In addition to its built-in spam filter, MDaemon includes many other security features that can be used to fight spam. In this webinar, we take you through an in-depth explanation of MDaemon’s spam-fighting features, and discuss recommended settings for best results.

 

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Spam Fighting Techniques – An Article from AllSpammedUp

An article that discusses various spam filtering techniques was recently posted on AllSpammedUp, and I wanted to share it with you because it contains some valuable information on fighting spam.

There isn’t a single, “one size fits all” way to catch all spam. Spam filters use various techniques, such as backlists and whitelists, Bayesian analysis, trend analysis, heuristic analysis, word lists, and much more. These days, spammers are aware of many of the anti-spam techniques that are used, and they are constantly trying to find ways around these techniques by altering the spelling of keywords, forging headers and addresses, sprinkling words from literature throughout the message, and other techniques.

The article talks about using trend analysis, content filtering, word lists, blacklists, Sender Policy Framework (SPF), and Challenge-Response.

You can read the original article here:
http://www.allspammedup.com/anti-spam/

MDaemon includes many tools for fighting spam, including SPF & SenderID, heuristic analysis, Bayesian Learning, IP Shielding, spam filter blacklists, reverse lookups, and much more.

SPF & SenderID provide a way for a receiving server to determine if an incoming message came from a location that was authorized to send mail from the sender’s domain. You can learn more about SPF here:
http://www.altn.com/Support/KnowledgeBase/KnowledgeBaseResults/?Number=KBA-01560

And here is a short video on how SPF works, and how to enable it in MDaemon:
http://www.altn.com/Tutorials/Video-Post/?vid=mp4:eLearn-MD_SPF.f4v

DomainKeys Identified Mail (DKIM) is an anti-spoofing technique that uses an encrypted public key, published in DNS, and each message is signed with a private key. The private & public keys are compared for a match. This video will demonstrate how DKIM works:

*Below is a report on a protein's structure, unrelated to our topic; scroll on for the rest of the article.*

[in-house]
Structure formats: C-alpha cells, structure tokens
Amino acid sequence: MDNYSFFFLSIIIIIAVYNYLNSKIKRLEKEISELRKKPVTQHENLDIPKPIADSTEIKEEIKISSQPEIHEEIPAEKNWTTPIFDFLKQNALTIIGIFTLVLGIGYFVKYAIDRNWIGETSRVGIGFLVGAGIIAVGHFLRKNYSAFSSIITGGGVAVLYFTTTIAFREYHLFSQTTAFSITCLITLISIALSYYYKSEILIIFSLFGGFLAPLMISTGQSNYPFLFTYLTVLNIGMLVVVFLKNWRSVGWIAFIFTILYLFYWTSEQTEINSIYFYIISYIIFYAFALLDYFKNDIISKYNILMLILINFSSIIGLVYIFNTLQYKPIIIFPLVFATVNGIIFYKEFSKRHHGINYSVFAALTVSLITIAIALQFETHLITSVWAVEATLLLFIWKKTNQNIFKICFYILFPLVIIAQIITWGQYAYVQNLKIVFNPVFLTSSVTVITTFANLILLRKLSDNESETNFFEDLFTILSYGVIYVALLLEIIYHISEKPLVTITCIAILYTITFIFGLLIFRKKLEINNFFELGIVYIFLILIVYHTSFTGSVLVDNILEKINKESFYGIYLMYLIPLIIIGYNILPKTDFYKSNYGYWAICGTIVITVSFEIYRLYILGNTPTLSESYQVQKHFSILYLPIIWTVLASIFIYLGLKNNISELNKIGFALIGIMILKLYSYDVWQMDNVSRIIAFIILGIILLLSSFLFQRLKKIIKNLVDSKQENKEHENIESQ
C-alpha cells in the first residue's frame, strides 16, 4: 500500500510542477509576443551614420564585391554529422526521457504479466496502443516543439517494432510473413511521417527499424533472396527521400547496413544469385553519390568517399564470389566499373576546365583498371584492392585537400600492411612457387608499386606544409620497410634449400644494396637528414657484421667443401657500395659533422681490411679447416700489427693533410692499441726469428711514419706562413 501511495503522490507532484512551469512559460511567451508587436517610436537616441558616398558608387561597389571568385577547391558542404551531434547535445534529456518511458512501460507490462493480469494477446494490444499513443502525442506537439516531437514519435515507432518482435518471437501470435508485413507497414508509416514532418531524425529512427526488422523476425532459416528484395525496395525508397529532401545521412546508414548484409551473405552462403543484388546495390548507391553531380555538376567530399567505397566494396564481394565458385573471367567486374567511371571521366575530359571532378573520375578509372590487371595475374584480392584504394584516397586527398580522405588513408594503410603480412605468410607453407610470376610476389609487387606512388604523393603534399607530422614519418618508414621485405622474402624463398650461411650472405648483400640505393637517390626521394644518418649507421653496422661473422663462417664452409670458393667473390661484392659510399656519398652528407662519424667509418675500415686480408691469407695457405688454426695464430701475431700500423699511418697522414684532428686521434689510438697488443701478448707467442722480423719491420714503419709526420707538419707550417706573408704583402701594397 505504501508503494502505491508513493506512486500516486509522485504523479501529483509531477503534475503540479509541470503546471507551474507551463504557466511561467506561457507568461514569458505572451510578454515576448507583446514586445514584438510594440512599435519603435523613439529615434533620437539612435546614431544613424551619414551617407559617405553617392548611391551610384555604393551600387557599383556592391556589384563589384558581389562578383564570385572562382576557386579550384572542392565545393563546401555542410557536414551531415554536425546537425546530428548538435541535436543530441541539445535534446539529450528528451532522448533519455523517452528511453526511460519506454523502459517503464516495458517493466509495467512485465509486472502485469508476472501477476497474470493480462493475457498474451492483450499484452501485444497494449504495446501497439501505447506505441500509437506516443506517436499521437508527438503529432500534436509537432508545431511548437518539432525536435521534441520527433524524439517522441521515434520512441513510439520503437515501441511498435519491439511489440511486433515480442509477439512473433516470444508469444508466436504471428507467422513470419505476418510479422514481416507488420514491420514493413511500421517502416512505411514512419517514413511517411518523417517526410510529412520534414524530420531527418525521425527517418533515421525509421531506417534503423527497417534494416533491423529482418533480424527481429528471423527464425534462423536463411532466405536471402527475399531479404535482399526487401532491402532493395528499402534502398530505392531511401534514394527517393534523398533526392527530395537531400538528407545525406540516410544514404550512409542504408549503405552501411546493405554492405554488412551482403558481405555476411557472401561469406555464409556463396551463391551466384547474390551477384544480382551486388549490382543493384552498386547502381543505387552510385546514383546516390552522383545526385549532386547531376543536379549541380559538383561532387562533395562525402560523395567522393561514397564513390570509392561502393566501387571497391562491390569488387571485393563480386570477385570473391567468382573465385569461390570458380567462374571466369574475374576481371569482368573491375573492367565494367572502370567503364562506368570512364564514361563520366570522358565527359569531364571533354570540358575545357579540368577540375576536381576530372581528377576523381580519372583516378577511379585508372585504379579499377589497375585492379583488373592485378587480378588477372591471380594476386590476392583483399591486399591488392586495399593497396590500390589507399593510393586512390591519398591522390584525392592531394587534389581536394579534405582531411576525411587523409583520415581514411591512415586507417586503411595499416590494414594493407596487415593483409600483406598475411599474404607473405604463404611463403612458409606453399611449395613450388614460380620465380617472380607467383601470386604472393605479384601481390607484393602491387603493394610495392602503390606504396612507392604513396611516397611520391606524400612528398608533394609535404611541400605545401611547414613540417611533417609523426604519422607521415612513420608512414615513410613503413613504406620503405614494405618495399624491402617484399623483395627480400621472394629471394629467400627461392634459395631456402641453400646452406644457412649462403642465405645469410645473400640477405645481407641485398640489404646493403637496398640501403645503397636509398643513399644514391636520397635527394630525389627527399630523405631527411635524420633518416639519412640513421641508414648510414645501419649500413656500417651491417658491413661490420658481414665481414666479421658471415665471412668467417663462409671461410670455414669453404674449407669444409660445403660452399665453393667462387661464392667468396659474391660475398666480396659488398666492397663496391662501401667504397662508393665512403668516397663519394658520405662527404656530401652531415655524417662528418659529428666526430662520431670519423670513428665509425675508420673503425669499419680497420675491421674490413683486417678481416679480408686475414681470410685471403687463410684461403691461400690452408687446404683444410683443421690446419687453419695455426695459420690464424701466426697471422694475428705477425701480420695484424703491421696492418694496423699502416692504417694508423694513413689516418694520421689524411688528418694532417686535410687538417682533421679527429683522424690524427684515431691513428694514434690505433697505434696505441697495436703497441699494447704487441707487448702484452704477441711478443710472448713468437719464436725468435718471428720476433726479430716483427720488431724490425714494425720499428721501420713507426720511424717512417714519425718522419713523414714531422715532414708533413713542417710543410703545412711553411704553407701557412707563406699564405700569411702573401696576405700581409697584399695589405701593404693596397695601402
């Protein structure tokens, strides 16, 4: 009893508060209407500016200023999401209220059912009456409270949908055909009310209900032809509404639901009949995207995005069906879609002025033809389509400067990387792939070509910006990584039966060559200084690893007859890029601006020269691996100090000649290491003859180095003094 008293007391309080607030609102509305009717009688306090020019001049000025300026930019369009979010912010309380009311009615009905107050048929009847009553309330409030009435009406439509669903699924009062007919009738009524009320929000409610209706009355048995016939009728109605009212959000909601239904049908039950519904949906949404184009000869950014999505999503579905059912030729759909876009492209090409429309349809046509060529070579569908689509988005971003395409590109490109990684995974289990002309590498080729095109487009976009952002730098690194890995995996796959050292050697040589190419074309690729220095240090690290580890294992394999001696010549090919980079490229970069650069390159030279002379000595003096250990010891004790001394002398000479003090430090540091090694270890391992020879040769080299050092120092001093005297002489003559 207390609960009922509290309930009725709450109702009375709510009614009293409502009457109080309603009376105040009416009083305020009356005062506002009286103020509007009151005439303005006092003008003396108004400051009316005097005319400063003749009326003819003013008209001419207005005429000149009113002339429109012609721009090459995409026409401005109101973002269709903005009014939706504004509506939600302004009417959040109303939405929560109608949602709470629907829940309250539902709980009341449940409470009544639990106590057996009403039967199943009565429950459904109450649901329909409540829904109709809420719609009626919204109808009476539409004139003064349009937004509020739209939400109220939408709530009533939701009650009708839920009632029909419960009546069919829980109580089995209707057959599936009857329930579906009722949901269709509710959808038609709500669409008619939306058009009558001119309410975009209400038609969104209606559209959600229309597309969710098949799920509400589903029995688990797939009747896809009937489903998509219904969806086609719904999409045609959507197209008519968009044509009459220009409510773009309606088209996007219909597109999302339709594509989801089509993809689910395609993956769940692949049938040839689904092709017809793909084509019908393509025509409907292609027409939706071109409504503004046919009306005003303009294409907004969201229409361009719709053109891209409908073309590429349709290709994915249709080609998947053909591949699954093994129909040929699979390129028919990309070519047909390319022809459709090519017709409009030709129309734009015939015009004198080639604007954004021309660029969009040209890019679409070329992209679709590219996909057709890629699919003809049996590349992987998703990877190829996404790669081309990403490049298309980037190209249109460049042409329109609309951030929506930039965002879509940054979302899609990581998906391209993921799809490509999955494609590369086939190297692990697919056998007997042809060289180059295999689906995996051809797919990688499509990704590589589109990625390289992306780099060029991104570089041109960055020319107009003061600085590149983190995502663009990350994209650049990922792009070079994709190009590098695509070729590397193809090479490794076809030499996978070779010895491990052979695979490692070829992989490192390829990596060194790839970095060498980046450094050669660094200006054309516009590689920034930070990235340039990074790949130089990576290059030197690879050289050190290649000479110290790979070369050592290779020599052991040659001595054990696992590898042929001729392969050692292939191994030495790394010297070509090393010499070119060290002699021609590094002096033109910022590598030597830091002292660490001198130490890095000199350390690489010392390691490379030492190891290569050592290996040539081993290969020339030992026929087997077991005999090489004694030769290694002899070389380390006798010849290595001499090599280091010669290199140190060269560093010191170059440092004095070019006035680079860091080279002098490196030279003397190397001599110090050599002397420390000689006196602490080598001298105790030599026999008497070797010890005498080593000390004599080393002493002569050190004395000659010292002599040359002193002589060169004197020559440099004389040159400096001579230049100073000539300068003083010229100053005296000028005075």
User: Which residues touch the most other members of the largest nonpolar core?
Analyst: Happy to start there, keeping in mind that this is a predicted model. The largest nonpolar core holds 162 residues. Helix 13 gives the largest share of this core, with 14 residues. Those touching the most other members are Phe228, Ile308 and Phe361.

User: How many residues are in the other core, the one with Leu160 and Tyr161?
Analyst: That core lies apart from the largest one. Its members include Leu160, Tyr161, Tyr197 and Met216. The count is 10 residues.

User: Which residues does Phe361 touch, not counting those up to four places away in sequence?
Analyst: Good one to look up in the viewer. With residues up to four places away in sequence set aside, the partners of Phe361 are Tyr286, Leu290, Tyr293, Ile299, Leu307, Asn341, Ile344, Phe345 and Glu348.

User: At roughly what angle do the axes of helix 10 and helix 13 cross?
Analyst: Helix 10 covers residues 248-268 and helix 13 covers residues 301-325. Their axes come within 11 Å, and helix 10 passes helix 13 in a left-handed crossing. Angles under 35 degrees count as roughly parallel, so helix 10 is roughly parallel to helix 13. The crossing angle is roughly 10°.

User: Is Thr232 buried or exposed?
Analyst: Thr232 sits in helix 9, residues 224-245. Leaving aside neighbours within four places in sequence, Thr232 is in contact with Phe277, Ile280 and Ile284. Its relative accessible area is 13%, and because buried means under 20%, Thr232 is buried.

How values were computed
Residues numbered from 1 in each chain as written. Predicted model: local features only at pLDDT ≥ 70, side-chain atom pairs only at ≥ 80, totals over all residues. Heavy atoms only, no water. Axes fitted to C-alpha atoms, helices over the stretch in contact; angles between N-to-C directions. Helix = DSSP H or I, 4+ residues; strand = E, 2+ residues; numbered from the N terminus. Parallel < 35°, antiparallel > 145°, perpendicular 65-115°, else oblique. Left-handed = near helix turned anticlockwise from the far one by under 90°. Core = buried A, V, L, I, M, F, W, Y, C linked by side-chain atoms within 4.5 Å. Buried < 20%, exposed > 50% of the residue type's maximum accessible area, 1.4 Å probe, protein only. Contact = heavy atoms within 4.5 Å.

http://www.altn.com/Tutorials/Video-Post/?vid=mp4:eLearn-MD_DKIMIntroVrf.f4v

Tarpitting and greylisting are other spam fighting techniques. Tarpitting will slow the connection down once a specified number of RCPT commands have been given. This is to discourage spammers from sending bulk mail through your server. You can learn how to set up tarpitting in this video:
http://www.altn.com/Tutorials/Video-Post/?vid=mp4:eLearn-MD_TarpitConfig.f4v

Greylisting is a technique that exploits the fact that SMTP servers retry delivery of a message that receives a temporary “Try again later” error. Using this technique, when a message arrives from a non-white listed or otherwise previously unknown sender, its sender, recipient, and sending server’s IP address will be logged and then the message will be refused by Greylisting during the SMTP session with a temporary error code. Then, for a designated period of time (say, 15 minutes) any future delivery attempts will also be temporarily refused. Because spammers do not typically make further delivery attempts when a message is refused, greylisting can significantly help to reduce the amount of spam your users receive. But, even if the spammers should attempt to retry delivery at a later time, it is possible that by that time the spammers will have been identified and other spam-fighting options (such as DNS blacklists) will successfully block them. This video explains how greylisting works & how to set it up in MDaemon:
http://www.altn.com/Tutorials/Video-Post/?vid=mp4:eLearn-MD_Greylisting.f4v

Be sure to feed your Bayesian Learning filters with examples of spam and non-spam messages. Here’s more information on training the Bayesian Learning process:
http://www.altn.com/Support/KnowledgeBase/KnowledgeBaseResults/?Number=KBA-01746

These are just a few of the many spam fighting tools in MDaemon. One single spam-fighting technique may not be good enough to thwart the spammers, but when all anti-spam tools are used together, your spam filter can be surprisingly effective.